Mountainside Helicopter Pickup in Vietnam

My “day job” as an archaeologist is working for the Joint Prisoner of War Missing in Action Command (JPAC). One of my favorite parts about our assignments are the places we get to go and often how we get there (it’s the journey, right?!)

Due to the inaccessible nature of many of the places we’re interested in, we often fly in and out of our sites (the other times we drive, hitch onto logging trucks, boats, hike for miles over mountains, whatever). One of these days I swear we’re gonna ride water buffalos.

Anyway, this clip is from the end of an operation where we were up on a mountainside in Vietnam. We’d been dropped off by helicopter early in the day in order to bring in a few older folks in who had memories of where things were during the war and could show us around as part of a survey.

They dropped us off on a minimal landing pad quite literally carved out of the side of the mountain. The pilots didn’t want to set down fully so they dumped us and told us to radio for pickup at the end of the day.

This is the Mi-17 helicopter coming back in to pick us up. The rotor wash (wind being pushed outward by the rotors) off these things is pretty powerful once they get close. I had to shield my face (proving an IQ of at least 65) but subjected the GoPro to it, keeping it rolling as we loaded up to head out.

You really come to appreciate great piloting in situations like this. They never let us down (too quickly) and always got us where we need to go – for that I am much obliged!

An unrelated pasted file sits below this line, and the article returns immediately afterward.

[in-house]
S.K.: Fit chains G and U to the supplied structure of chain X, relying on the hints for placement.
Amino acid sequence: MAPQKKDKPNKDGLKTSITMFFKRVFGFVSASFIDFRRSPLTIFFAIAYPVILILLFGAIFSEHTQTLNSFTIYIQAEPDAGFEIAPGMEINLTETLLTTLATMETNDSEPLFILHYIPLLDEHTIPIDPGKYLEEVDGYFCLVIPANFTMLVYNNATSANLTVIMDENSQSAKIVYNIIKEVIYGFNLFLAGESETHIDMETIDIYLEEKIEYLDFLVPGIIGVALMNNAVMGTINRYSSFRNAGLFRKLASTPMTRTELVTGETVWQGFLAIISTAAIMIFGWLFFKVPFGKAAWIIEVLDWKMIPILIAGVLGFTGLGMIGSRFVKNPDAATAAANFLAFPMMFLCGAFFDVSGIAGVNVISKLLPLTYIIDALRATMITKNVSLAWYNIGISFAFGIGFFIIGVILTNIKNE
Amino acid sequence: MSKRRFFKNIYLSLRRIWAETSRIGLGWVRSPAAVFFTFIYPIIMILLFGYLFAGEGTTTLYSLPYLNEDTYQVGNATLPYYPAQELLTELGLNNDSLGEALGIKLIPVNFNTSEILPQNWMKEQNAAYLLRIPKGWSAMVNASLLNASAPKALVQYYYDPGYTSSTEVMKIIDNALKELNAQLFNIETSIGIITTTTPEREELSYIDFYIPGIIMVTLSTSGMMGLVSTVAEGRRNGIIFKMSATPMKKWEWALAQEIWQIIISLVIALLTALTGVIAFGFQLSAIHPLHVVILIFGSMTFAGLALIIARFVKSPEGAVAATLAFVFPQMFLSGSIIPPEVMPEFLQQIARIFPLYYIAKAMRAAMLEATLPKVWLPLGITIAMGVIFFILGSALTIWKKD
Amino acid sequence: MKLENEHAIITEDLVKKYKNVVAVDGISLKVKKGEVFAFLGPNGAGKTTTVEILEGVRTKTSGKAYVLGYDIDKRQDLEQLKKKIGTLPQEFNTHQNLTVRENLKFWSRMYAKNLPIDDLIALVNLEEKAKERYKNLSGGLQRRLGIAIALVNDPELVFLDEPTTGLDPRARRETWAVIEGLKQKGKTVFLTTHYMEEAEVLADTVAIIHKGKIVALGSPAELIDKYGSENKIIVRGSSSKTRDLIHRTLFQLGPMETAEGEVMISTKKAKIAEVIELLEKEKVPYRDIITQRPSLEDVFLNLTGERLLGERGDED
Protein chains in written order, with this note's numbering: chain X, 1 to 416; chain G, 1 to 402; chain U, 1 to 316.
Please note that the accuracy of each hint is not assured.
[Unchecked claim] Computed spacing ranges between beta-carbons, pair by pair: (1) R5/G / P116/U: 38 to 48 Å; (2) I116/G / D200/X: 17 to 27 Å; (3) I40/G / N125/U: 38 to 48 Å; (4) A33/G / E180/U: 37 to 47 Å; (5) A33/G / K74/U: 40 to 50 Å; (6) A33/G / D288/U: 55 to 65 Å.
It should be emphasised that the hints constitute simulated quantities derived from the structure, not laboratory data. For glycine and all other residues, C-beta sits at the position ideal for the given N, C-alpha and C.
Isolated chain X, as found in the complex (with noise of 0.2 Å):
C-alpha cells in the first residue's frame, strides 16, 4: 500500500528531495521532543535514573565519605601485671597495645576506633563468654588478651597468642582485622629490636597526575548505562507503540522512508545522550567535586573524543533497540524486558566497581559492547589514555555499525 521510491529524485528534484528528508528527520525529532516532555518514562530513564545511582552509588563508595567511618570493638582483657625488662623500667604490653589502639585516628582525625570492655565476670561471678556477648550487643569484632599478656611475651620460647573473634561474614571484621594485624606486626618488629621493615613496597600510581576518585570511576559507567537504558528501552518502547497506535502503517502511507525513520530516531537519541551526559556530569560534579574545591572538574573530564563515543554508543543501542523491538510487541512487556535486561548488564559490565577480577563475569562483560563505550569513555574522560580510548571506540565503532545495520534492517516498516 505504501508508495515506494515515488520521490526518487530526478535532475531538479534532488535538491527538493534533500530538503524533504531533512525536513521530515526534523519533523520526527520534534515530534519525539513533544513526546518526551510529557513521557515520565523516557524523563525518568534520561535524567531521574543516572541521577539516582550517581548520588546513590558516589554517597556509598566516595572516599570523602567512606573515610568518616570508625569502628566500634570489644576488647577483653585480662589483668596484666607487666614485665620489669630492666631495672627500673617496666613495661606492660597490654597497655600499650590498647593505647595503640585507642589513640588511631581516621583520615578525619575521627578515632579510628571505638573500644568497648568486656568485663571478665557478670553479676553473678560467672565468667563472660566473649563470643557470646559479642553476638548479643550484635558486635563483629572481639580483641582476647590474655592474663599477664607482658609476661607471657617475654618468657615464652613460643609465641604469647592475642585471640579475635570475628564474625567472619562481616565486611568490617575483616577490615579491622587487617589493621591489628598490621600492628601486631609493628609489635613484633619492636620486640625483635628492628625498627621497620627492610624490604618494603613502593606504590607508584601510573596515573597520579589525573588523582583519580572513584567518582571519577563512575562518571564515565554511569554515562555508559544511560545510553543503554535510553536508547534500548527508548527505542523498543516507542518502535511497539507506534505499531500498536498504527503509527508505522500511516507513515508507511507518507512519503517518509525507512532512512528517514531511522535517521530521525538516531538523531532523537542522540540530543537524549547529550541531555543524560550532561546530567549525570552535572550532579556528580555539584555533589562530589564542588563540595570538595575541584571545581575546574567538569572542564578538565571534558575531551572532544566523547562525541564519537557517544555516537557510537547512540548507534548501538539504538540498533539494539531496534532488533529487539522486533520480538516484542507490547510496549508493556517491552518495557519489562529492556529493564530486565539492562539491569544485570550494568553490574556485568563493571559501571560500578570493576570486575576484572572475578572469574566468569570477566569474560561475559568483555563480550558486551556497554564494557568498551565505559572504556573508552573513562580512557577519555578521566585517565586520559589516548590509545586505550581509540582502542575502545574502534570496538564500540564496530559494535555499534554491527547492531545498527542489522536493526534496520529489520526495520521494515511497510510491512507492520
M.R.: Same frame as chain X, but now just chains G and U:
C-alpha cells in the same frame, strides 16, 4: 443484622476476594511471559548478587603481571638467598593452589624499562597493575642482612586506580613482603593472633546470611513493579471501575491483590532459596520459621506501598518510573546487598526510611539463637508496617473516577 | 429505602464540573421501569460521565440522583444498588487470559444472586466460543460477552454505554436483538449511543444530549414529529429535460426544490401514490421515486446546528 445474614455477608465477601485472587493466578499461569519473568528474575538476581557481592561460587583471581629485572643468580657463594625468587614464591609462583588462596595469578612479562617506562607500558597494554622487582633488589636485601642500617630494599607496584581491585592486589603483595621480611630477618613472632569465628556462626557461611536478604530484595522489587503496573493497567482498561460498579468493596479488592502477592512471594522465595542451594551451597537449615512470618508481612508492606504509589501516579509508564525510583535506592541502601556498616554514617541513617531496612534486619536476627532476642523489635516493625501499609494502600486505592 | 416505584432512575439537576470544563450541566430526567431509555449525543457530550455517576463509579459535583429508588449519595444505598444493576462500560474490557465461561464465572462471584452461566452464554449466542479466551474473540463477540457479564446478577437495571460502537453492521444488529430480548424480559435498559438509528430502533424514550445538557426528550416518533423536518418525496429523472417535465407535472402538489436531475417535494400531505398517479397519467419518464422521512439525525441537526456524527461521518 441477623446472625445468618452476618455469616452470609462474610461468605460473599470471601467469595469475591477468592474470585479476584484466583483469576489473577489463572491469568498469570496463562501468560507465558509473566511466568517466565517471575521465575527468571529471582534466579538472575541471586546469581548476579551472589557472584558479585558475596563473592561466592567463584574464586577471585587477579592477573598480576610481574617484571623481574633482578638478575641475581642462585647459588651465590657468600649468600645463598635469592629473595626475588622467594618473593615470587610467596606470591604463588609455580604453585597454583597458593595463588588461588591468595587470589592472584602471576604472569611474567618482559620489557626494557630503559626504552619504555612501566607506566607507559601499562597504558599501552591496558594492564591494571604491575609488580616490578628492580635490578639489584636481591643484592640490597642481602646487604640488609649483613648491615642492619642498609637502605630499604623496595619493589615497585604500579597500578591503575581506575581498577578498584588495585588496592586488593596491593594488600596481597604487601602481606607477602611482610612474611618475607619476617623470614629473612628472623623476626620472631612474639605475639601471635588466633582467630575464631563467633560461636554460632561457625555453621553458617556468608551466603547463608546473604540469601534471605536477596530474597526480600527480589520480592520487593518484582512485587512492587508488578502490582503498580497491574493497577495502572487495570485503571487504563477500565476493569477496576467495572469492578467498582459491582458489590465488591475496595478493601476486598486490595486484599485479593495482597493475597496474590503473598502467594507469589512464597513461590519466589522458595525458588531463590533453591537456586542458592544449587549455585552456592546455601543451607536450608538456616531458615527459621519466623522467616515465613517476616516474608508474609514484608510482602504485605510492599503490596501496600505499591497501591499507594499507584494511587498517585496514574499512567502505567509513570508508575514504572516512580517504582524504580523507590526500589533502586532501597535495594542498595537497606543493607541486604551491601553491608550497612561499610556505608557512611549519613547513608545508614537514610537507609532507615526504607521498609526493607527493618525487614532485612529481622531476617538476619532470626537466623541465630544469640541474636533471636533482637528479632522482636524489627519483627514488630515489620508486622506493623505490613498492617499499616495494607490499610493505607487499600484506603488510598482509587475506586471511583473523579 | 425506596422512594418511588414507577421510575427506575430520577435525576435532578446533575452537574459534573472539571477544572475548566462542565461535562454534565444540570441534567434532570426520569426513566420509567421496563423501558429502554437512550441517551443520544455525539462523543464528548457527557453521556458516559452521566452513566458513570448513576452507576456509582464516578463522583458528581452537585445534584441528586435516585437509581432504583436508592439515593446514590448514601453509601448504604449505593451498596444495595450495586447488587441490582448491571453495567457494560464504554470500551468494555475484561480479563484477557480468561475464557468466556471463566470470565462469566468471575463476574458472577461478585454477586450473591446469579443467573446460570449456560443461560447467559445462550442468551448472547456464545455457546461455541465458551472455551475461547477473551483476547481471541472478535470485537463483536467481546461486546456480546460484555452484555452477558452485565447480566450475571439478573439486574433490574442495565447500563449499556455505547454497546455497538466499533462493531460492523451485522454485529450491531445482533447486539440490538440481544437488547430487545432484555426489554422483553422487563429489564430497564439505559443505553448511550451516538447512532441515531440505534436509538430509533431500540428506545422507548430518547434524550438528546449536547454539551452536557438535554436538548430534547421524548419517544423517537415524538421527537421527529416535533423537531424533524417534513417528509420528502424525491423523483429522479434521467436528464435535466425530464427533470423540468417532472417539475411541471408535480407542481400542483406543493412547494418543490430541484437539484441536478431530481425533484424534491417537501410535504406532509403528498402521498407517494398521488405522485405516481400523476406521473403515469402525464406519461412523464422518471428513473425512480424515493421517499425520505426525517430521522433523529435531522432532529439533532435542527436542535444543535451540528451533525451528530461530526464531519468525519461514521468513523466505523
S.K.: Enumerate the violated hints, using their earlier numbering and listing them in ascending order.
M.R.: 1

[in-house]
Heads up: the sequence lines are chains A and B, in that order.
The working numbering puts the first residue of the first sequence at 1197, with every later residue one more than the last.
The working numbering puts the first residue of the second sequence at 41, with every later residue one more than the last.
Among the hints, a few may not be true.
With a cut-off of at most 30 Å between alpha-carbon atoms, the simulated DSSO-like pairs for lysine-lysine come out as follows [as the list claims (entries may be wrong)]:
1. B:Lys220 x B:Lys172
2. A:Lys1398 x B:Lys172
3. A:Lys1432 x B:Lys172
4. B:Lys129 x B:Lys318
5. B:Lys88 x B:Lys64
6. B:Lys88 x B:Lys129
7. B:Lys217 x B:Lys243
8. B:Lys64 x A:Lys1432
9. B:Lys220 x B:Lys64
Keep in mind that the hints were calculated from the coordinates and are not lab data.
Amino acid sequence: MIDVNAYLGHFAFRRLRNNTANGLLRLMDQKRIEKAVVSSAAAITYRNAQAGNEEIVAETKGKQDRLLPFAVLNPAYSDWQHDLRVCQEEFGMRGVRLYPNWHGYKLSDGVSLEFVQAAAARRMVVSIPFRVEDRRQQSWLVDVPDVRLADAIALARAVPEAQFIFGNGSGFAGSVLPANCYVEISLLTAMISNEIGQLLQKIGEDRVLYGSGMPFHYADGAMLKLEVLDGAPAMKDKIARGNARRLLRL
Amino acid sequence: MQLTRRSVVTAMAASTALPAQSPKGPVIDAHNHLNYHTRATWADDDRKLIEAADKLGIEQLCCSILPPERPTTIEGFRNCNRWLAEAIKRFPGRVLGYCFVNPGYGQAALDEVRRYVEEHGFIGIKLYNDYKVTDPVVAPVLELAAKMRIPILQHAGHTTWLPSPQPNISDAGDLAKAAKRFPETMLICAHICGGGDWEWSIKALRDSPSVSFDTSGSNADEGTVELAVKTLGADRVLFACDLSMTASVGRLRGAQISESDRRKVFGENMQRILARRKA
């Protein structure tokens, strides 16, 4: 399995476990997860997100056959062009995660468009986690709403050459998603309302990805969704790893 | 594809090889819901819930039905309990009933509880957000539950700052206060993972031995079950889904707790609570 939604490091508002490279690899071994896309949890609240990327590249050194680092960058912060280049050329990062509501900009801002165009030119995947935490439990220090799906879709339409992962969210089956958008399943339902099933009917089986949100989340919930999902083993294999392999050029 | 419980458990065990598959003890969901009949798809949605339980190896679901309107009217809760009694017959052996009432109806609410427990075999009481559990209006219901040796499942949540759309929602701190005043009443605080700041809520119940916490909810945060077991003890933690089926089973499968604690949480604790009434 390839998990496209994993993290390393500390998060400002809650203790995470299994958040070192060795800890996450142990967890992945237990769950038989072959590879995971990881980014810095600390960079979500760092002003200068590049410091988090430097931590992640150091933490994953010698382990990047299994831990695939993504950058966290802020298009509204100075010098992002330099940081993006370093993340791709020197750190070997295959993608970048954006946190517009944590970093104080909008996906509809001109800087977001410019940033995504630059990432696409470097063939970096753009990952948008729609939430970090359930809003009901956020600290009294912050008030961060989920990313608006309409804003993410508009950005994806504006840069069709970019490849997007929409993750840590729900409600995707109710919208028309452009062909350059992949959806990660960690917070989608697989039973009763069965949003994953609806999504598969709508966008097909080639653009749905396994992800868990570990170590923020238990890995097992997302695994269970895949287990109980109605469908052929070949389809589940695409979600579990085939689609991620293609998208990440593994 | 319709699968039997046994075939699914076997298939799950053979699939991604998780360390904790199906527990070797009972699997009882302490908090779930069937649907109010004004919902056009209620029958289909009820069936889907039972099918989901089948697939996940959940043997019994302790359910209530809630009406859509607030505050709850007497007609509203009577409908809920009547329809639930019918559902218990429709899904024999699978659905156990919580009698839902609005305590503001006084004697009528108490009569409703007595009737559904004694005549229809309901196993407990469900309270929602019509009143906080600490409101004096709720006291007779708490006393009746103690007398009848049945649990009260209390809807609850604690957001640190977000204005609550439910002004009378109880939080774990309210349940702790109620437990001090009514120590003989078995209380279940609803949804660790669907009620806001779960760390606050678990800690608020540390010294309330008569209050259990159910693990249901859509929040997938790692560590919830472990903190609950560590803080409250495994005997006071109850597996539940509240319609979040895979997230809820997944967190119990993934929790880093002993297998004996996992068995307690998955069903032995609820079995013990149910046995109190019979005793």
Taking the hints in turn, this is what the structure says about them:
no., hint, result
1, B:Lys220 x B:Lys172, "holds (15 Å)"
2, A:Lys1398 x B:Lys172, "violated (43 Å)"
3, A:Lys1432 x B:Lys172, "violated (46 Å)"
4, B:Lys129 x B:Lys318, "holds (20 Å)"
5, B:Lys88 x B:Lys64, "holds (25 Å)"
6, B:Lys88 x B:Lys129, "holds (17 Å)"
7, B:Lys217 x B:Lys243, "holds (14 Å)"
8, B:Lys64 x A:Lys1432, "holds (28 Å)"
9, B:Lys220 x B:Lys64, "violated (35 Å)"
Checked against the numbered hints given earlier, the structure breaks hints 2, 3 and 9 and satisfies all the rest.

Tokelau Day of Archaeology 2011

We made this video for the 2011 Day of Archaeology, an event that saw many other archaeologists around the world take a bit of time to provide an insight into their working day. It was great fun to make – thanks to everyone who agreed to be included – even if uploading it from Nukunonu proved to be a bit of a challenge!

I was on Nukunonu as a part of the Tokelau Science Education Research Project (TSERP), and this video includes many members of the team both local and outsider.

Check out the bigger project’s impressive results at:

Coral-Lined Well on a Pacific Atoll

Short film from archaeological reconnaissance survey on one of the remote islets of Nukunonu, featuring a follow-up interview with Mr. Ioane Nui Tumua facilitated by Mr. Mika Perez back in town on the main islet.

The location featured is a fresh/brackish water source. As Mr. Tumua indicates, it was (relatively) recently rebuilt however its use as a source of drinking water is likely to be of considerable time depth. He also remarks of a connection between the well and another important event on an atoll – precipitation.

In modern times most drinking water on Nukunonu is still collected – primarily from the metal roofs of houses. In the past, however, scarcity was more marked. Subterranean lenses such as the one featured here, as well as carved basins in the trunks of coconut trees and containers such as coconut shells themselves – used to gather and hold rainwater – were also critical sources even if you had to get to them by boat.

This video goes with the Motu Akea Well entry on the Big Picture Portfolio.